Before John Jakes ever started writing history, he lived it. Perhaps the details of his birth (the middle of mob-ridden Chicago in 1932, the middle of the Great Depression) give a clue to his fascination with America's infamous past. In any case, he has devoted his career to writing the stories of real and fictional American families during the Revolutionary War, the Civil War, the Postbellum South, and the early twentieth century, all in the name of recreating history for his fans.
Jakes started writing professionally during freshman year at Northwestern University in Chicago, submitting stories he wrote on his typewriter. At the time he was following his dream of becoming an actor, but his first published story changed all that. He received a twenty-five-dollar check as payment from the magazine, and promptly gave up acting. "That check changed the whole direction of my life," he remembers.
He transferred to DePauw University to study creative writing and earned his master's degree in American Literature from The Ohio State University in Columbus. Jakes then took a day job writing copy for a pharmaceutical firm in Chicago. In 1961, he moved to Dayton and lived there for ten years, working as copywriter for several advertising agencies. During the night, he continued writing, short stories and full-length books. He worked like this until 1973, publishing a total of two hundred stories and sixty books in mystery, western, and science fiction genres.
In March of that year, Jakes started working on a new type of story for him -- historical fiction. He had read history all throughout his life, so the opportunity to mix fictional characters with real-life occurrences was particularly interesting. In truth, some of his sixty previously published titles were historical fiction, but compared with what he began to write now, they had been easy.
When finished, The Bastard told the story of the son of a French actress before the Revolutionary War. Philippe Charboneau, searching for his inheritance, boards a ship to the American colonies, where he changes his name to Philip Kent, meets revolutionary Samuel Adams, and joins the fight against the British crown. It was followed by The Rebels, The Seekers, and The Furies, volumes II, III, and IV in The Kent Family Chronicles. They were published just in time for America's Bicentennial, and in 1975, Jakes set records as the first author to have three books on the New York Times best-seller list in the same year.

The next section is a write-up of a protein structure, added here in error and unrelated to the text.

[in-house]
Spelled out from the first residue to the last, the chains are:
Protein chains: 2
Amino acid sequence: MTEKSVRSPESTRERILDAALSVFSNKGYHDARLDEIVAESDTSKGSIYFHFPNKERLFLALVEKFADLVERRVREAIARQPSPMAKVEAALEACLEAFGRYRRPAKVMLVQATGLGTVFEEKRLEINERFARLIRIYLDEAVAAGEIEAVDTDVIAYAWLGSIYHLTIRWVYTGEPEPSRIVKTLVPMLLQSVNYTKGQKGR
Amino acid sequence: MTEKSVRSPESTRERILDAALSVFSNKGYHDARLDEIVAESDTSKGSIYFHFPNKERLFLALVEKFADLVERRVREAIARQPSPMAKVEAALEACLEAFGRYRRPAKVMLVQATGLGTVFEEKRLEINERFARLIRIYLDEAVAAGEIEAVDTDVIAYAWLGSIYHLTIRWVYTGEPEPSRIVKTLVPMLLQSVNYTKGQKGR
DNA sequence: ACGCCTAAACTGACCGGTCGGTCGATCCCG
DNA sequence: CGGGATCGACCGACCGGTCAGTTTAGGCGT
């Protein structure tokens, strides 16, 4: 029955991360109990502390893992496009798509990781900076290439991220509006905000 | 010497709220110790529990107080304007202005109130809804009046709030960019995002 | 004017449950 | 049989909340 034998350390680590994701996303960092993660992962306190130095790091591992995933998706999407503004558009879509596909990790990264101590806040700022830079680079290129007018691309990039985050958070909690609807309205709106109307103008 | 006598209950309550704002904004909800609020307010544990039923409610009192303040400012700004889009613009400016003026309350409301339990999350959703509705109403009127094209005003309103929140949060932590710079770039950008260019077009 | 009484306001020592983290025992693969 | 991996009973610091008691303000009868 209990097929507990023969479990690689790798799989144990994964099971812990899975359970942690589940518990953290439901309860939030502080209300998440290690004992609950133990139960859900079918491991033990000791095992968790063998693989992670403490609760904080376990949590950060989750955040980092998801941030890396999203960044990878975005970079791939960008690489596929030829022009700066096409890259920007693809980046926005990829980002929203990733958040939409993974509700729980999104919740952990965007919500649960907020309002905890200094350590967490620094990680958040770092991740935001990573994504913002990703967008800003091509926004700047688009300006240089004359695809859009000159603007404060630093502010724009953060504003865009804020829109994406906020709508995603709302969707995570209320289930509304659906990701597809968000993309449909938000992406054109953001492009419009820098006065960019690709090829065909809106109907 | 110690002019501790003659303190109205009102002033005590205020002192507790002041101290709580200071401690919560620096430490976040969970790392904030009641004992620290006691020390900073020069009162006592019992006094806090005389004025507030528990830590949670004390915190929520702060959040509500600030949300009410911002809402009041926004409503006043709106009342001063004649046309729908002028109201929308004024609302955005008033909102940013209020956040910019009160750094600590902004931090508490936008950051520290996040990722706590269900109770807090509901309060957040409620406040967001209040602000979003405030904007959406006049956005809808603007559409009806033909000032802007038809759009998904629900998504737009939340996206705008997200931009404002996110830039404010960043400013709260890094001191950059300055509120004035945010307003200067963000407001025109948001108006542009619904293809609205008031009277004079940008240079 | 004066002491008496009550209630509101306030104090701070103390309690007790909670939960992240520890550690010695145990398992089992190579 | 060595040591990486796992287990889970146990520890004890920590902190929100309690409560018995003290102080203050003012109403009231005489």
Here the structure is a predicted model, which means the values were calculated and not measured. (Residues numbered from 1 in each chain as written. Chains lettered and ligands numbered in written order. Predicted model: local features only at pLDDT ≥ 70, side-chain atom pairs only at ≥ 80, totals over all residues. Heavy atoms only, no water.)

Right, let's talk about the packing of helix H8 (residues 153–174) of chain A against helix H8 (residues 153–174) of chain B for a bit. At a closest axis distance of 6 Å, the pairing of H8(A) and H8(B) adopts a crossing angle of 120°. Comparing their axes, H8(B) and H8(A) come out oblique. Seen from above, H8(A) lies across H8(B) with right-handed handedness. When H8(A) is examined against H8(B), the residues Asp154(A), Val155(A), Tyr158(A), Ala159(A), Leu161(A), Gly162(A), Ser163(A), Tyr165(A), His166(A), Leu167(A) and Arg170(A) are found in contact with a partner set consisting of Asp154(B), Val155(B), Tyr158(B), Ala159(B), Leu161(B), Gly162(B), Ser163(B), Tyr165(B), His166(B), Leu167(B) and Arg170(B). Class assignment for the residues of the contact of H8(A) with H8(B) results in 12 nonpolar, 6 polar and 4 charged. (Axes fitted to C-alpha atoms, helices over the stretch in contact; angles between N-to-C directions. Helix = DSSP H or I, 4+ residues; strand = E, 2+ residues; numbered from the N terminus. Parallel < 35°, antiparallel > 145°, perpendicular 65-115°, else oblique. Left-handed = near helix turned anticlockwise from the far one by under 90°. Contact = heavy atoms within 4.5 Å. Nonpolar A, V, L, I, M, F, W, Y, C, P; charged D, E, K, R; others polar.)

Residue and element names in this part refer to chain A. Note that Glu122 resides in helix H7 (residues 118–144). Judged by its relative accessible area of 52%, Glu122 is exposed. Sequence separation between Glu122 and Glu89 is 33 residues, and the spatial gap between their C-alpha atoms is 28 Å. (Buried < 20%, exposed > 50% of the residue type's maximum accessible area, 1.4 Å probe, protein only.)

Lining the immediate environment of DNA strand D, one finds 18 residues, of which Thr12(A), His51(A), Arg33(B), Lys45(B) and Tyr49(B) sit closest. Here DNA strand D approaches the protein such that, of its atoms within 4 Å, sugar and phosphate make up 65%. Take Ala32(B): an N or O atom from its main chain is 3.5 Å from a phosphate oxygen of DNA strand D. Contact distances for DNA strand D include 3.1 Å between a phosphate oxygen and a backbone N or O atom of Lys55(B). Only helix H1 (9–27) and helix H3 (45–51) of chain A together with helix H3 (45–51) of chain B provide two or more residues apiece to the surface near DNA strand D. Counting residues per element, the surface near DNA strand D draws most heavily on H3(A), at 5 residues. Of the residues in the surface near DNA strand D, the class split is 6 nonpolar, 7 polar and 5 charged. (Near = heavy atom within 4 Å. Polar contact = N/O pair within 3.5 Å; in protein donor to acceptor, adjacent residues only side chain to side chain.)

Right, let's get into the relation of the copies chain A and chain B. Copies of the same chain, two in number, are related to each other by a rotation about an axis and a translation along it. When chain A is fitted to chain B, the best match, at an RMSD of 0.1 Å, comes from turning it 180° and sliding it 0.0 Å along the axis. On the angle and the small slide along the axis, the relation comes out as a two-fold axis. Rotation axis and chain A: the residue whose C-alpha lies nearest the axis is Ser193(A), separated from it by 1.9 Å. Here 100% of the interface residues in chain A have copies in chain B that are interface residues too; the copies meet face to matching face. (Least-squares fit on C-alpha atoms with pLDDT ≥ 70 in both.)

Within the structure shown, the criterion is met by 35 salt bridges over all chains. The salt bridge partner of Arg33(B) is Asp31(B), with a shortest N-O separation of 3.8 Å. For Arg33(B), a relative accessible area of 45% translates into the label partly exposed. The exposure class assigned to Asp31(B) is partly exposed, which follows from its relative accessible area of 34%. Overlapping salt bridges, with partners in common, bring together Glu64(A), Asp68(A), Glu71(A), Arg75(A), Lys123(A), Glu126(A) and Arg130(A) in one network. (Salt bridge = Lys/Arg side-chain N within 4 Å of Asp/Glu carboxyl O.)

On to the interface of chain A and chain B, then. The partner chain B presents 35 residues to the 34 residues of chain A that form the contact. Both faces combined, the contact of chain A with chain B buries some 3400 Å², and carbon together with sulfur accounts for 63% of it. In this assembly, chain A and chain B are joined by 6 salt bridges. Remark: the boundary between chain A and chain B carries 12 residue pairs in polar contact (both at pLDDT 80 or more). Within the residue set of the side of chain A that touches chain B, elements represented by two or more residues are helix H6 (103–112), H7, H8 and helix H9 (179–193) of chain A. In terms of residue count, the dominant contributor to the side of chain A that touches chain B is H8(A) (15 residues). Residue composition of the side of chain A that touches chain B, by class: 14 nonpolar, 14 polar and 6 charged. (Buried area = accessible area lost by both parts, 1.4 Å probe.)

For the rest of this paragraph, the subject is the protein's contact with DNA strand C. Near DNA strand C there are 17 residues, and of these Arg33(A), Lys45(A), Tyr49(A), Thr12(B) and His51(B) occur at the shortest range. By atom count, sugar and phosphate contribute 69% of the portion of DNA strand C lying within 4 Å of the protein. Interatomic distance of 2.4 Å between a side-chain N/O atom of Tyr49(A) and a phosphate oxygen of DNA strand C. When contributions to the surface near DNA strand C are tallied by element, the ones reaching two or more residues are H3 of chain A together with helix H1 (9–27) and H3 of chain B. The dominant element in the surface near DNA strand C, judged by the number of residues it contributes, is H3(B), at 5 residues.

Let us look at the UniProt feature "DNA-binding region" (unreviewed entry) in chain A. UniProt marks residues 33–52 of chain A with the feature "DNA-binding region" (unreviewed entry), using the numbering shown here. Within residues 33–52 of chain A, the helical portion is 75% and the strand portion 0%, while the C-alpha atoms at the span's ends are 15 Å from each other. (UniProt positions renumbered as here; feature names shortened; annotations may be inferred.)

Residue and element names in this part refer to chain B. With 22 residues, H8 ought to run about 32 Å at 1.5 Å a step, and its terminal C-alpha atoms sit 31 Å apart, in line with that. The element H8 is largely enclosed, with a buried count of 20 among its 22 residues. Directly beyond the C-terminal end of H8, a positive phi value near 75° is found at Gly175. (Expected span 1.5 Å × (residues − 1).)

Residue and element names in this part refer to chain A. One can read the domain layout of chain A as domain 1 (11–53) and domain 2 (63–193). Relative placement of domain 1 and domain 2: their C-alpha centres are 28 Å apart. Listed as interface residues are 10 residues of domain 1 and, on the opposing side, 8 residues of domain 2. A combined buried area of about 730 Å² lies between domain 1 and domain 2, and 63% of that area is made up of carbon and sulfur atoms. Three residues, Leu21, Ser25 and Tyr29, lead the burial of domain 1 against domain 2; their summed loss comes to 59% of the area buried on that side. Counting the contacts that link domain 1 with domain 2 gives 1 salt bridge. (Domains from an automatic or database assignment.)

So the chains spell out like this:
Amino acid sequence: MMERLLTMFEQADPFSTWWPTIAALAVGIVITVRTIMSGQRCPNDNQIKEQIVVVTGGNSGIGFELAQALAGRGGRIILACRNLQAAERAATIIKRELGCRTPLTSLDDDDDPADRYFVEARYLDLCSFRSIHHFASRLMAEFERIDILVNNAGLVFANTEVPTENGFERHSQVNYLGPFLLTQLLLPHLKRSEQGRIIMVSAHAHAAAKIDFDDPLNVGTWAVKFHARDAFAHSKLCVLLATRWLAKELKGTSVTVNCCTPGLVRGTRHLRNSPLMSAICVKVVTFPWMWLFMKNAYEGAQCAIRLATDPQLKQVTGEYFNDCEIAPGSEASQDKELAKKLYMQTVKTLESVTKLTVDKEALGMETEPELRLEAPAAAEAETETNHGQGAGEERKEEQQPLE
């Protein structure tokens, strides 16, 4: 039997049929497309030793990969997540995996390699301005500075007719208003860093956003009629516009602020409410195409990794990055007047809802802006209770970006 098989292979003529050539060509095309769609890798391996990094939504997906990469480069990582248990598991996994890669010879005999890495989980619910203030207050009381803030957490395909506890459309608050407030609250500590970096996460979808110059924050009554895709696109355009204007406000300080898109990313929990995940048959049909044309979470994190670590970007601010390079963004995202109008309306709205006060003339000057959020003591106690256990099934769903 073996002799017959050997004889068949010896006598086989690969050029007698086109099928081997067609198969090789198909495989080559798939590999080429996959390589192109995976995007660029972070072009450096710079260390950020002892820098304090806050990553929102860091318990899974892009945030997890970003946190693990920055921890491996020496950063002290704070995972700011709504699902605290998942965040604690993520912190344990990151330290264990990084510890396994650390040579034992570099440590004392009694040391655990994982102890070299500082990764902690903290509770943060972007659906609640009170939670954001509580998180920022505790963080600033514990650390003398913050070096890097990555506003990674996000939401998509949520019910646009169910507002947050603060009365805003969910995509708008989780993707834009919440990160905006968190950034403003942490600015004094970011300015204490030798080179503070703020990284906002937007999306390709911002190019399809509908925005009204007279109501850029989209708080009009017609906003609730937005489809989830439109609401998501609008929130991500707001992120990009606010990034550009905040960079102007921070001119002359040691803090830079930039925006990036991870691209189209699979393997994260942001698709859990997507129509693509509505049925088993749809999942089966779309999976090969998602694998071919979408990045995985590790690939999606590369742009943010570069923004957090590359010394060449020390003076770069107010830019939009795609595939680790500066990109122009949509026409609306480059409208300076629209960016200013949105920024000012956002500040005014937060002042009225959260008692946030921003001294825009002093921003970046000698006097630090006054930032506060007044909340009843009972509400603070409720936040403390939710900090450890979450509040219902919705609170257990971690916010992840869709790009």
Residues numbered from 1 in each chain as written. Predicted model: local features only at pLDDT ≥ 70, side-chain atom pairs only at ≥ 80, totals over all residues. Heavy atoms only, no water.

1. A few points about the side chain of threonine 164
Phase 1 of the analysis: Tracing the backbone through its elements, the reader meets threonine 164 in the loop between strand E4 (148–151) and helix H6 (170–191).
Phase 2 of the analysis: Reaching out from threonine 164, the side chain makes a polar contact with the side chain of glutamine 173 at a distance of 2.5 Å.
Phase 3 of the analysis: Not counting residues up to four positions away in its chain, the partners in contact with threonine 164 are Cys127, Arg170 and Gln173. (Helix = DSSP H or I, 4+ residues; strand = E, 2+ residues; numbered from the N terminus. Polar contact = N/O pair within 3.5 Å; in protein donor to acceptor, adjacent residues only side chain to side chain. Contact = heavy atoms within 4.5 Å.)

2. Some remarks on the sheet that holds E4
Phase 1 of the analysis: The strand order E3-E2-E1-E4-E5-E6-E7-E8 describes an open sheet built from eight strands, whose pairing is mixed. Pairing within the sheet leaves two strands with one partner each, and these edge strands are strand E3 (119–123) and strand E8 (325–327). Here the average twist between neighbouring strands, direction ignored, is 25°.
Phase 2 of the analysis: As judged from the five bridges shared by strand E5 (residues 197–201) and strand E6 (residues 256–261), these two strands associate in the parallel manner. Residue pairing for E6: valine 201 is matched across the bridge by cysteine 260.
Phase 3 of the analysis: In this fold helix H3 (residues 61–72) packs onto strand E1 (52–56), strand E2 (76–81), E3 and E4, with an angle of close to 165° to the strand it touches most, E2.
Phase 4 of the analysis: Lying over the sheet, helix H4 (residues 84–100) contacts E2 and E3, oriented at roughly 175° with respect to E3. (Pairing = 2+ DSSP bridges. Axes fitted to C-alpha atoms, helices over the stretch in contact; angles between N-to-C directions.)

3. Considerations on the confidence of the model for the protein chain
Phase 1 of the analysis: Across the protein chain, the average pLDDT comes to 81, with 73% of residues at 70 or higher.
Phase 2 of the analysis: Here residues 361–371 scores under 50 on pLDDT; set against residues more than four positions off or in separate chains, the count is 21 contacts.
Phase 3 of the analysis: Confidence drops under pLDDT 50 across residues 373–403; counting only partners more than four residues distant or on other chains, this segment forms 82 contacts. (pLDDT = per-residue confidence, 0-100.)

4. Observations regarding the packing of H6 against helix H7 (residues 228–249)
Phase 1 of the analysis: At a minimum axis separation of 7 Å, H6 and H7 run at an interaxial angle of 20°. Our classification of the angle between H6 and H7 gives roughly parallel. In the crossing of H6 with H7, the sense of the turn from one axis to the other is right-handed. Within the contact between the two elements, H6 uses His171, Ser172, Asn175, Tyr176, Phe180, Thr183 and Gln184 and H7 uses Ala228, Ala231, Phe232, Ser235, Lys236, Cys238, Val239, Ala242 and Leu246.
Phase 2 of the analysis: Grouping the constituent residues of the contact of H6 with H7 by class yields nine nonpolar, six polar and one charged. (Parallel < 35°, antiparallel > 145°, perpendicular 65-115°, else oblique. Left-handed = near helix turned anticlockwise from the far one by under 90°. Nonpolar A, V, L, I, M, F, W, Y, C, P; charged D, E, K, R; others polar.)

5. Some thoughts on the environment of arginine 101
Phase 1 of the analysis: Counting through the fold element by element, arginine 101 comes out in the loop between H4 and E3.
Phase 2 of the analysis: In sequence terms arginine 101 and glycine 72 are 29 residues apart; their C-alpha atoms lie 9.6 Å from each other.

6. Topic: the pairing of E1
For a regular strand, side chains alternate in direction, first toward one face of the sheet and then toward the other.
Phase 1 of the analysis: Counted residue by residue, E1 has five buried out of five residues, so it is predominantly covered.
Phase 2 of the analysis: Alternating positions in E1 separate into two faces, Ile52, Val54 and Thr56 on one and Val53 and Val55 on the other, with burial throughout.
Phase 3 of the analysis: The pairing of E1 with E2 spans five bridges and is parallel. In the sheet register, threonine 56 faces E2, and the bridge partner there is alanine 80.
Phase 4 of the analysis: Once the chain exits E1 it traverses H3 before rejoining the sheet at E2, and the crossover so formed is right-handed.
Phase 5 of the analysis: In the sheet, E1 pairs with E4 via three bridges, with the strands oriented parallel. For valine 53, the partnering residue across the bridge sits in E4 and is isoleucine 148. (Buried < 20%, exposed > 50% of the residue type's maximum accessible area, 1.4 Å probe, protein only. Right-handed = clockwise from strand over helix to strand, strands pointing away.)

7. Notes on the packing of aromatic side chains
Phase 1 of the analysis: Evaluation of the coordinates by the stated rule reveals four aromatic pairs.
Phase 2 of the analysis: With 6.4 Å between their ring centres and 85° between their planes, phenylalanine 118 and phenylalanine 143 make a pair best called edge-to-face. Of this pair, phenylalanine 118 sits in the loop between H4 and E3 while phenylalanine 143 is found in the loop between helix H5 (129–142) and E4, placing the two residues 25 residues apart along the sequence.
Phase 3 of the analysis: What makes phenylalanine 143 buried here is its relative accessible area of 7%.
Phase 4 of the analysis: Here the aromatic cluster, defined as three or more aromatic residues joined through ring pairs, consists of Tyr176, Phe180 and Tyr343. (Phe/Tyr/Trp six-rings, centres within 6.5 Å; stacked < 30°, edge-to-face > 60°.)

The Kent Family Chronicles grew to finally include eight titles; the imagined family mixed with historical figures and real people Jakes found in his research. He takes the history very seriously when writing: "…first comes the history, then the fictional story that intersects with it. I never knowingly alter major historical facts or events; if there is a date change for purposes of the story, it is minor, and is always acknowledged." After the success of the Kent Family series, Jakes started on another, this time smaller, one. His Civil War trilogy included Pulitzer Prize-nominated North and South, and all three were made into a popular television miniseries. He wrote two novels about families in Chicago during the Great Depression, one of which received his second Pulitzer nomination. In 2002, Jakes achieved his sixteenth consecutive New York Times best-seller with the publication of his latest novel, Charleston.
Jakes' novels have been continuously adapted into television miniseries, and his original plays and musicals (he couldn't completely give up the theater) have been performed all over the world. He holds five honorary doctorates and was awarded the dual Celebrity and Citizen's Award from the White House Conference on Libraries and Information in 1995.
Though he can count many other awards on his résumé, he derives the most satisfaction from reader feedback. "Not only general appreciation of the stories, and requests for 'more,'" he says, "but especially the satisfaction of hearing that a reader has taken up a college major in history, or even the teaching of history as a profession, because of what I've written." Jakes has been called "America's history teacher" and "the people's author" for his work in historical fiction. In his novels he often tells two stories, that of his characters and the struggles they overcome, and another, of America, the good and the bad of a young, growing country.